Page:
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Cayman Cookout proves a breeze


Despite the unexpected absence of host, chef Eric Ripert, Cayman Cookout 2020 displayed no lack of attendance at events, nor muted enthusiasm among guests.

In fact, life-sized cardboard cutouts of Ripert were found popping up everywhere, keeping him there in spirit.

Thanks to particularly strong breezes, many of the outdoor events were pleasant and cool, enhancing visitors’ experiences.


Sergio ‘The Matador’ Serrano was working one of the wine stations at the Wine Fair. – Photo: Vicki Wheaton

Islanders mingled with tourists at the Jacques Scott Wine Fair and Auction, held in The Ritz-Carlton, Grand Cayman’s ballroom in the evening. The foyer was filled with silent auction items, from autographed pictures of famous film stars to designer handbags and unique travel experiences.

Inside the ballroom, guests sampled dishes created by visiting chefs from The Ritz-Carlton’s overseas properties, as well as Grand Cayman staff.

The Goodnight Hannah band with lead singer DannyLoops entertained the bustling crowd, which was also taking advantage of the wine stations in the centre of the room, provided by Jacques Scott.

Funds raised were split between the Cayman Islands Cancer Society and The Ritz-Carlton’s Culinary Scholarship Fund.


José Andrés reveals the real rider of the ATV for his annual entrance – Nicholas Bodden. – Photo: Stephen Clarke

Celebrity chef José Andrés, known for his splashy, unique and unexpected entrances to his signature event on the beach each year, turned the tables on guests eagerly awaiting his arrival on Friday morning. As the theme from ‘Mad Max’ drummed through the tent, Andrés seemed to be approaching on a Raptor ATV along the beach, flanked by characters dressed in the style of the futuristic film.

As he dismounted the transport and made his way into the tent, photographers snapped away, with the curious crowd enthusiastically following him in. After a few waves to his audience, his disembodied voice announced that he would remove his mask. The person revealed beneath was, in fact, the owner of the ATV – Nicholas Bodden. Andrés had slipped in via the back of the tent and through the crowd.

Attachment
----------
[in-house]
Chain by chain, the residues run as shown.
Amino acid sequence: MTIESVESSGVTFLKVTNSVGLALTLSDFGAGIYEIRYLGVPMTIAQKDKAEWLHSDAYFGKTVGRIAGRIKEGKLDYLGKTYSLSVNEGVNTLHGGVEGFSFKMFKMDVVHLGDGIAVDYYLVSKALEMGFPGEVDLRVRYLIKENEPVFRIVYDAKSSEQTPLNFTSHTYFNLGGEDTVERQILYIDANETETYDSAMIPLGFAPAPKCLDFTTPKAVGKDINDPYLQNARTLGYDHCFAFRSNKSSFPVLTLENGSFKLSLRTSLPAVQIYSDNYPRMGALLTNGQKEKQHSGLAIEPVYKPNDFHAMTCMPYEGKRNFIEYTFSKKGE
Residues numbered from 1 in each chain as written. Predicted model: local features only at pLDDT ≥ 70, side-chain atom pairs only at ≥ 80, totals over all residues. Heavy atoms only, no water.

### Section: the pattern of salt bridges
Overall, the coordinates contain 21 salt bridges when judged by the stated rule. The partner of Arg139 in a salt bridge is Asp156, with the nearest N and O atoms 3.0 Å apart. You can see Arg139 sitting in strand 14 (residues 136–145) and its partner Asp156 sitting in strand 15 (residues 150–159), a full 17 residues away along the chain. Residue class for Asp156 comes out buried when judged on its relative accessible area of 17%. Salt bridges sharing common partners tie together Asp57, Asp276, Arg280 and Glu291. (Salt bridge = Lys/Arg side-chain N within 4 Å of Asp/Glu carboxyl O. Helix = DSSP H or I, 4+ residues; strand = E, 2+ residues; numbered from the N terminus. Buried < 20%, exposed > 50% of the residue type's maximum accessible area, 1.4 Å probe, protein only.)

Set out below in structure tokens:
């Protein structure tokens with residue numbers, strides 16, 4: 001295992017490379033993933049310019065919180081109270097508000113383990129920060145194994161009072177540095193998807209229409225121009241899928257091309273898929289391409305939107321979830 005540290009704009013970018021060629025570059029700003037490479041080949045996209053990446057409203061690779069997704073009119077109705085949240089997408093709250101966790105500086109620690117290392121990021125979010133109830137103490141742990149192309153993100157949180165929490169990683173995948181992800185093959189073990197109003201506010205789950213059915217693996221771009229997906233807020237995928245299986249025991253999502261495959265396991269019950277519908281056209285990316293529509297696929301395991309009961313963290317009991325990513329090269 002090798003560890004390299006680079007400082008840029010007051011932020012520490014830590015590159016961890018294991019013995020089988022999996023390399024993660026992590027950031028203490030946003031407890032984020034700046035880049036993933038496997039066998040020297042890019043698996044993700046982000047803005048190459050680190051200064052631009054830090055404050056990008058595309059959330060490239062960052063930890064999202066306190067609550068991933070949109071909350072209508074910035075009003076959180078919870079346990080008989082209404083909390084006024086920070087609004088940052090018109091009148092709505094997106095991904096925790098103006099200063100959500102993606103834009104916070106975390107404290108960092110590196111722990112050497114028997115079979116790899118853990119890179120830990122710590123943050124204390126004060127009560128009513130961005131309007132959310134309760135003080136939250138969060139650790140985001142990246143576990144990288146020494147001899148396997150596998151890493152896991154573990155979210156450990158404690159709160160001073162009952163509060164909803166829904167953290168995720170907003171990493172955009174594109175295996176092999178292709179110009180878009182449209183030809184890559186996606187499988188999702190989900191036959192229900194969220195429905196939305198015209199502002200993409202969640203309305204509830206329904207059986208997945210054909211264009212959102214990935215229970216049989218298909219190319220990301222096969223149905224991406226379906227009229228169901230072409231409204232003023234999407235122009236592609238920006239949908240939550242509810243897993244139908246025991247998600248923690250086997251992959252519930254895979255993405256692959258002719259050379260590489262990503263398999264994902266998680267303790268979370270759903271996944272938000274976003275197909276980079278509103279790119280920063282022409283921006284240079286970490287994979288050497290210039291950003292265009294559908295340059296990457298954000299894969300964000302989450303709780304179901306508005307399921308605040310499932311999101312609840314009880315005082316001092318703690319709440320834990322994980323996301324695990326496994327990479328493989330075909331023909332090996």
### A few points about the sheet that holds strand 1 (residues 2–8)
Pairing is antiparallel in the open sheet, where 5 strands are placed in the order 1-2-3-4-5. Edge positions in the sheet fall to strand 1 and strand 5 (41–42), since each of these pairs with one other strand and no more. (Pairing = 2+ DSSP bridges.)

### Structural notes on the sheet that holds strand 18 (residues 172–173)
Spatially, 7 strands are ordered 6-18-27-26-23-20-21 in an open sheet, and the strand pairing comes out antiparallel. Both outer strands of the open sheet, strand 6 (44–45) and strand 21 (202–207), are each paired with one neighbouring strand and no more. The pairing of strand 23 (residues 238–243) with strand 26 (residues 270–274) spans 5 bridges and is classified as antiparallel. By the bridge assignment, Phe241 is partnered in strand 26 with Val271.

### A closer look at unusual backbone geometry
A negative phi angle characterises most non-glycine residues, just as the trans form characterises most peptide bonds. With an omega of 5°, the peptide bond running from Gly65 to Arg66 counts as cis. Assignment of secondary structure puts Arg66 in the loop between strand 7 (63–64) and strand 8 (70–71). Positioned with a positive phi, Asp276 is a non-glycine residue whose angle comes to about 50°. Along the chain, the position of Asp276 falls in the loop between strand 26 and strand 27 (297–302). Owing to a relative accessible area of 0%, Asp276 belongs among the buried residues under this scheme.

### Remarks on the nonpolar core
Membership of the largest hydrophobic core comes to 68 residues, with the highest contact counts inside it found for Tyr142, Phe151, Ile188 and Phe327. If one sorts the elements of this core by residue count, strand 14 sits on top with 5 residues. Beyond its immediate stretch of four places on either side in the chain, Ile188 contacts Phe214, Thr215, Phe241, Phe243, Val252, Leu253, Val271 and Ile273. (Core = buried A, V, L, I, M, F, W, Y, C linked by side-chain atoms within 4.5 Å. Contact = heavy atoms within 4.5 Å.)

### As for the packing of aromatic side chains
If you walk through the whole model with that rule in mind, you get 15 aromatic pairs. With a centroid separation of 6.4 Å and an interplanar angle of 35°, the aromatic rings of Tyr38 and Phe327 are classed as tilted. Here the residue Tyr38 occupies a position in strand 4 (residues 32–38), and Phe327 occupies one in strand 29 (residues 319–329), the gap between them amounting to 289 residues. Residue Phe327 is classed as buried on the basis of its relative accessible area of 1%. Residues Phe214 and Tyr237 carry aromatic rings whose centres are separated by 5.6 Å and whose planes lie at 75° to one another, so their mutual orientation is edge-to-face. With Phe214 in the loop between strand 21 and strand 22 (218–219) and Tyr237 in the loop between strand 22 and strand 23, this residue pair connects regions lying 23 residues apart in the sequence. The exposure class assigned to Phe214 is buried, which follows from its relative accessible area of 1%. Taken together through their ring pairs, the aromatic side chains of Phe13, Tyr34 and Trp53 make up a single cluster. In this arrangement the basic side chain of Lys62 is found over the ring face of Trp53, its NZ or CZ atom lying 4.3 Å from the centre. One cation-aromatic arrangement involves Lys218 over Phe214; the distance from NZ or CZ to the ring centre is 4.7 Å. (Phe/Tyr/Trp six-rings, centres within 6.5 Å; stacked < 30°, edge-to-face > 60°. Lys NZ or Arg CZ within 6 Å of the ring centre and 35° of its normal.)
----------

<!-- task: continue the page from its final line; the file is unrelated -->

The switcharoo was greeted with laughter and applause, and soon after, Andrés was in the throes of presenting his paella demonstration.

Andrew Zimmern explores the flavours of Cayman at his event on the Great Lawn at The Ritz-Carlton. – Photo: Stephen Clarke

At 11:30am, a large crowd gathered on the Great Lawn at The Ritz-Carlton for Andrew Zimmern Explores the Flavours of Cayman.

An American chef with a penchant for bizarre foods, Zimmern took a turn around local restaurant booths with resident foodie, Alan Markoff, giving him the lowdown on certain cooking traditions and ingredients.

Zimmern spoke enthusiastically about the dishes he tasted, raving about the delights of saltfish and ackee – a popular Jamaican and local dish – and encouraged guests to try the green iguana on offer. Kirk Market, Cracked Conch, The Westin and Nyamaste were just a few of the companies represented at the event.

Once Zimmern had visited every booth, he sat on the stage for a Q&A session with Compass Media’s Living editor, Vicki Wheaton, and answered questions from members of the crowd.